Content Quality Doesn’t Matter, Worry About the Context

My brother stuck in perfection paralysis

Ok – yea quality does matter some, but here is what I mean:

Don’t spend all day and night trying to get that video of you guys in the studio looking like it was put together by James Cameron.

Just record the damn thing, edit accordingly, and get it up on your site.

And I’m not just talking about with videos.  Same goes with blogs and yes, even your music.  Bruce Springsteen recorded one of the most heart wrenching albums of all time on a four track recorder (Nebraska).  By all accounts, the quality of the record is horrible, but the songs are placed in the right context – so you don’t really pay attention to the quality.


That is part of what is so beautiful about working hard to build this totally indie career.  Because you are constantly adding value to the relationship with your fans, you start to build this amazing amount of trust with them.  They start to genuinely care about you as a person.  So in the end, they only really care about your story.

That said, I’m not saying you should forget about producing great looking and sounding stuff.  I’m just trying to push you past getting stuck in perfection paralysis.

You know those guys that are still working on their record almost 3 years later?  Perfection Paralysis.

Or how about when your lead singer is on his 10th vocal take?  Perfection Paralysis.

I promise you, that 10th vocal take isn’t going to be better than the 2nd.  That extra hour you spend editing video isn’t going to cause your video to go viral.

If you are satisfied with the story the content tells, get the stuff out there and let it breath.

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4 Comments on “Content Quality Doesn’t Matter, Worry About the Context”

  1. Keith Mohr Says:

    Good advice Dave, but I teach indies to work on their content. Bad content pushes people away, and you only have one shot at them. It would be like my daughter trying to sell cupcakes she makes in her Easy Bake Oven. People may think she’s cute, with her cupcake stand out in from of our house, but one bite of the cake and her customers will smile politely at her, drive off, and never return, and worse yet, won’t tell anyone about her cupcakes.. or even worse, will tell their friends to stay away from her stand because her cupcakes stink.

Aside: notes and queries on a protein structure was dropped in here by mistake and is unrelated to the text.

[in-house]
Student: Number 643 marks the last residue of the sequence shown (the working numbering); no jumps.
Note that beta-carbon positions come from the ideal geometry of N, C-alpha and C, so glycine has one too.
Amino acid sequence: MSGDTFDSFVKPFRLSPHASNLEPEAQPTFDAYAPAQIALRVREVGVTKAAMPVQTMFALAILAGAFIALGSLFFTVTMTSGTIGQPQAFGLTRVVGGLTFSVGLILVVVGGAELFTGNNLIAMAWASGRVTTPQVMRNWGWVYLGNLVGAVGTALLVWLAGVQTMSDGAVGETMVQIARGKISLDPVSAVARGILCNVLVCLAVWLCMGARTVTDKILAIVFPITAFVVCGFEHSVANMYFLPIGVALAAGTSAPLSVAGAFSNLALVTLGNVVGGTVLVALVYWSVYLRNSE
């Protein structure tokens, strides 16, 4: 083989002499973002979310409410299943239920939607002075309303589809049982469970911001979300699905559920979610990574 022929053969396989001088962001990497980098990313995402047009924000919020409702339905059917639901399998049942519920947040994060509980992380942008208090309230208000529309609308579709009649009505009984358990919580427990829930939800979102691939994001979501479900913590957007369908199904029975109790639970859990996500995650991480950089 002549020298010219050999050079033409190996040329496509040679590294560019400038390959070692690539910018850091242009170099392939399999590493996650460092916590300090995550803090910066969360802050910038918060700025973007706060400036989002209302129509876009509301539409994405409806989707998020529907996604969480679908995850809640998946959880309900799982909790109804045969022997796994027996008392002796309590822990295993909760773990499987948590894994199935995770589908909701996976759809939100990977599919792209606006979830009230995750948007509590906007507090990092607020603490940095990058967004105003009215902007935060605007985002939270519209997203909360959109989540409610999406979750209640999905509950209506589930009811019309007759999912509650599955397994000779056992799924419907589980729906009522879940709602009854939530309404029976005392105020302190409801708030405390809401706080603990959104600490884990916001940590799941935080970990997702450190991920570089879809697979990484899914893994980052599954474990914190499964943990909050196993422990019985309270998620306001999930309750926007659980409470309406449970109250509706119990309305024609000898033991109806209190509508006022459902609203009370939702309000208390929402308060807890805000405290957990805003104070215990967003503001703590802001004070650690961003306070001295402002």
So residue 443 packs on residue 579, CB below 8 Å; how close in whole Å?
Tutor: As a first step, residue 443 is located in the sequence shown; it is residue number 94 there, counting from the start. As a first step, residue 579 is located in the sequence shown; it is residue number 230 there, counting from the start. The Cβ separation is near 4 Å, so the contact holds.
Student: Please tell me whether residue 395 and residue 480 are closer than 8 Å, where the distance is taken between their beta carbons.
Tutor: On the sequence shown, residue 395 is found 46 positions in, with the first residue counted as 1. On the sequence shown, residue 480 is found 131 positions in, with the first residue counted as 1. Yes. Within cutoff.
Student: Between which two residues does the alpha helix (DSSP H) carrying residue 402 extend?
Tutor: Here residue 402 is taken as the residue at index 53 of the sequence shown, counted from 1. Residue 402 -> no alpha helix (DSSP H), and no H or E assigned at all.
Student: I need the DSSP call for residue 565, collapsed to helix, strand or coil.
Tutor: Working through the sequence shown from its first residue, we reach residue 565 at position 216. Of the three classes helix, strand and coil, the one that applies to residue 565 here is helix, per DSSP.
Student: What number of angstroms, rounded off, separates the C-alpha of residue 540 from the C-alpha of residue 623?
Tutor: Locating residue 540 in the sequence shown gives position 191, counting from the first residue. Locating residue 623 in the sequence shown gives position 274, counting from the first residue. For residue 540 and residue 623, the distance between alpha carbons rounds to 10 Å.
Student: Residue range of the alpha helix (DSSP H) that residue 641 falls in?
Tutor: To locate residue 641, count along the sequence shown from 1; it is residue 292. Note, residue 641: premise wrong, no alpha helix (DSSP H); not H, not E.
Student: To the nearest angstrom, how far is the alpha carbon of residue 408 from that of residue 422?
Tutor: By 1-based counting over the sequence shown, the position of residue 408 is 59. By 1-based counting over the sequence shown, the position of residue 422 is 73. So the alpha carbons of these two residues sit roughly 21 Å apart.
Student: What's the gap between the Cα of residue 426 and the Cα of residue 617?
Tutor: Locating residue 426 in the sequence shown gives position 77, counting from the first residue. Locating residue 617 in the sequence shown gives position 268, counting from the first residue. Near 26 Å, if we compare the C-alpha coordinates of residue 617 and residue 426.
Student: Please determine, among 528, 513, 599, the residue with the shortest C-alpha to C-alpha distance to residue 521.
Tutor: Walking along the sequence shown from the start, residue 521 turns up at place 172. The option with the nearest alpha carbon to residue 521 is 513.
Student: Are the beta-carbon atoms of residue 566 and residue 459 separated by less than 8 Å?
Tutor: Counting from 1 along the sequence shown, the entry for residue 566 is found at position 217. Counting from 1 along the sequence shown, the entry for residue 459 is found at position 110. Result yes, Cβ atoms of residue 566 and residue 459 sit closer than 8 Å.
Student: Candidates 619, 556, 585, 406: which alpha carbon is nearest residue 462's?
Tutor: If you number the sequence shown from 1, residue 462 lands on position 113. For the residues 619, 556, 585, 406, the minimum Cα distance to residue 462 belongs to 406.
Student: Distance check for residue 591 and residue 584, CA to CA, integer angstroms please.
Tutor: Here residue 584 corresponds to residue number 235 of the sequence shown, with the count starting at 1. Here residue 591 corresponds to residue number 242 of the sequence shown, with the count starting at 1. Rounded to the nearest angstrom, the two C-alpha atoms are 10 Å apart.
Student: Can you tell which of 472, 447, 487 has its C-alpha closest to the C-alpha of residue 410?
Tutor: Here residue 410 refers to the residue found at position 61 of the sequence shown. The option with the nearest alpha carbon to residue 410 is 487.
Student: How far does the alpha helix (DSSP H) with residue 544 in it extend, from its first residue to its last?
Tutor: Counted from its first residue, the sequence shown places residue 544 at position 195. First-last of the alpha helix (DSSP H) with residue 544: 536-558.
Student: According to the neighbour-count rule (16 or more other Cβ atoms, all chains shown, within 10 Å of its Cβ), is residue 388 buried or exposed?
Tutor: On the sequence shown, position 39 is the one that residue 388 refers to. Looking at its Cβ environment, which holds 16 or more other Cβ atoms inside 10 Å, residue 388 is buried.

I agree it is about the story, but you better have darn good content to go along with whatever story you have made up:)

    • Oh no, I’m with ya Keith. 100%. The story is also content in and of itself. So if the story is good…you instantly have good content.

      Relating to cupcakes though – “the story” is much like “the ingredients” to me.

      In the example of your daughter, no matter what her marketing material is, what her stand looks like, if the cupcakes taste good…people are going to tell their friends.

      Same with content in the right context. If “the story” (a.k.a “ingredients”) are good – that is more important than a great looking stand with crappy cupcakes.

      Am I losing you yet? 🙂

      But let me be clear though – I’m definitely not saying to ignore content quality and throw crappy looking stuff around. I’m just saying not to get TOO caught up in it where it takes you to a standstill and you never move forward.

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